- The Washington Times - Thursday, May 27, 2004

United Nations special envoy Lakhdar Brahimi is not ready with the lineup of an interim Iraqi government and may not meet a self-imposed May 31 deadline for naming its members, U.S. and U.N. officials said yesterday.

The Bush administration also made clear that all of Mr. Brahimi’s candidates will be approved by the United States before their names are announced.

Mr. Brahimi’s spokesman, Ahmad Fawzi, acknowledged that the release of a full slate of names may be delayed into the first week of June, but insisted that the delay would have little effect on the transition.

“We don’t have a definite date yet,” he said. “Maybe late May, maybe early June. May ends on Monday and early June starts on Tuesday, so we hope by then, by next week, to have the final list.”

Speaking by telephone from Baghdad, where Mr. Brahimi has been consulting with scores of religious, political and tribal leaders in the past three weeks, Mr. Fawzi said, “There have been no hiccups, and there is no deadline set in stone.”

As of yesterday afternoon, he said, there was not even a shortlist of possible candidates.

But a few hours later, Mr. Brahimi’s office in Iraq issued a statement saying that recommendations for positions in the new government will be made “very soon.”

U.S. officials said an announcement could be made in the middle of next week. That will most likely be done in Baghdad, after which Mr. Brahimi will fly to New York to brief the U.N. Security Council.

Asked whether Washington would veto anyone on the list it does not like, State Department spokesman Richard Boucher said that White House envoy Robert Blackwill, who is working alongside Mr. Brahimi, and L. Paul Bremer, the U.S. civilian administrator of Iraq, would make sure no undesirable figures were chosen.

“I think you’re raising hypotheticals that just won’t occur, because we have been working with [Mr. Brahimi] along the way in this process. Ambassador Blackwill, Ambassador Bremer are both out in Baghdad; they too are having discussions with Iraqis, but they are also keeping in touch with Ambassador Brahimi,” Mr. Boucher said.

“They’ve been comparing notes, sharing ideas, and so I don’t expect that kind of circumstance to arise,” he said. “I don’t expect us to have any differences one way or the other with him on this.”

U.S. and U.N. officials also insisted that a prime minister has not yet been chosen and called reports naming nuclear scientist Hussain Shahristani as the final choice for prime minister “incorrect” and “speculative.”

“Our understanding is that there is nothing nailed down, that nobody has been chosen,” Mr. Boucher said.

Mr. Bremer’s spokesman, Dan Senor, said in Baghdad that reports about Mr. Shahristani are “incorrect” and denied any choice had been made.

Officials acknowledged that Mr. Shahristani is among three or four finalists but warned against premature conclusions about the ultimate choice.

“That is purely speculative. That kind of speculation is not helpful to the process that is under way and we shall not join in it,” said Fred Eckhard, spokesman for U.N. Secretary-General Kofi Annan.

But Mr. Brahimi’s office noted that Mr. Shahristani “could serve his country well in a number of positions in government.”

“Mr. Brahimi confirms that he has met Mr. Hussain Shahristani on a number of occasions. He thinks very highly of him [and] values his advice,” the office said. “Mr. Shahristani, however, has himself clarified that he would prefer to serve his country in other ways.”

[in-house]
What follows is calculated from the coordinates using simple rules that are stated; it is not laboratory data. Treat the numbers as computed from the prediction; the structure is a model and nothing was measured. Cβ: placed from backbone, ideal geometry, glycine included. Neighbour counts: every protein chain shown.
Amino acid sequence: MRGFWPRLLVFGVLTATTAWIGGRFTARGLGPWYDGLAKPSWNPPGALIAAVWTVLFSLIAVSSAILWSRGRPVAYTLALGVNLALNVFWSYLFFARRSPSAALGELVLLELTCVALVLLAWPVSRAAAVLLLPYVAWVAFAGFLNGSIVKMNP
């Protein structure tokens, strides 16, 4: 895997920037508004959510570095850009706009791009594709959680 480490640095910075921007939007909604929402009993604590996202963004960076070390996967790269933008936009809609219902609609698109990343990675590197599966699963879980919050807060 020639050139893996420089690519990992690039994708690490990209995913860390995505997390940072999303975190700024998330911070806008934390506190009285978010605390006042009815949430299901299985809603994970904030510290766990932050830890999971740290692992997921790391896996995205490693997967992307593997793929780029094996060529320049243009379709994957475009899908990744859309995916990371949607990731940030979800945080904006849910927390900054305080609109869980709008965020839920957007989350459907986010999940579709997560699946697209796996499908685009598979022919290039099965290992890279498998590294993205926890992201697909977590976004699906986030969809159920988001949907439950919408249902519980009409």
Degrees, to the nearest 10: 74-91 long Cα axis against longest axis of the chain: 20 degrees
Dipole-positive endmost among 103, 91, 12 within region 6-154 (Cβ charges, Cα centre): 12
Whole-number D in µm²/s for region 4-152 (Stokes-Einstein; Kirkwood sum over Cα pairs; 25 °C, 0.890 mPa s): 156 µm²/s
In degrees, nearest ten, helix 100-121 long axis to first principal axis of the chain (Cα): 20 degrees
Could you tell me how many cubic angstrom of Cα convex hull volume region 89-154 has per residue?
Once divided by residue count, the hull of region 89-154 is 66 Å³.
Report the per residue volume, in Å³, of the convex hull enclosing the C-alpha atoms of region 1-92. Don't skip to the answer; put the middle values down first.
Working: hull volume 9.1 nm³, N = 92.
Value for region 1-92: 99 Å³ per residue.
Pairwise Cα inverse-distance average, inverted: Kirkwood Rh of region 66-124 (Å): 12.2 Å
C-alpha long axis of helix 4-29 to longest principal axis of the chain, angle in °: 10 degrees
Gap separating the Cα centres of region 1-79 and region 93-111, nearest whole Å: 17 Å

Mr. Brahimi is expected to name a president, two vice presidents, a prime minister and 26 Cabinet members.

“The talks are continuing and the discussions continue,” Iraqi Governing Council member Adnan Pachachi said in Baghdad. “We do not expect the new government to be announced before the end of the month.”

But even if Mr. Brahimi does not lay out the names of the new government and Cabinet by May 31, “it’s not the end of the world,” he said.

Mr. Pachachi, who returned from exile to join the governing council, acknowledged there was a lot of political and personal wrangling over who would be on Mr. Brahimi’s list. “It’s a tug of war,” he said.

Mr. Shahristani, a Shi’ite, was chief of the Iraq Atomic Energy Commission until he was arrested in 1979 after, he says, refusing to help Saddam Hussein build a nuclear weapon. Mr. Shahristani escaped when the U.S. military bombed the Abu Ghraib prison during the 1991 Persian Gulf war and fled to Jordan.

The Security Council met yesterday afternoon for private discussions of the U.S.-British draft resolution endorsing the transition to a sovereign, elected government.

Several key members expressed concern with the text, saying it limits the legitimacy and authority of the interim government, particularly regarding control of Iraq’s armed forces and their relationship with the U.S.-led multinational force.

China, France, Germany, Russia and Chile were among those who called for giving more explicit authority to the interim government.

Several countries suggested that the multinational force should be phased out after a finite period, perhaps six months after new elections. That could be extended, however, at the request of the new Iraqi government. China also wants to see a more robust mandate for U.N. activities in the reconstruction process.

“The mandate for the U.N. to go back should be clear and workable,” said Chinese Ambassador Wang Guangya. “If not, you are imposing a ‘mission impossible’ on them.”

• Sharon Behn contributed to this report from Baghdad. Betsy Pisik reported from New York.

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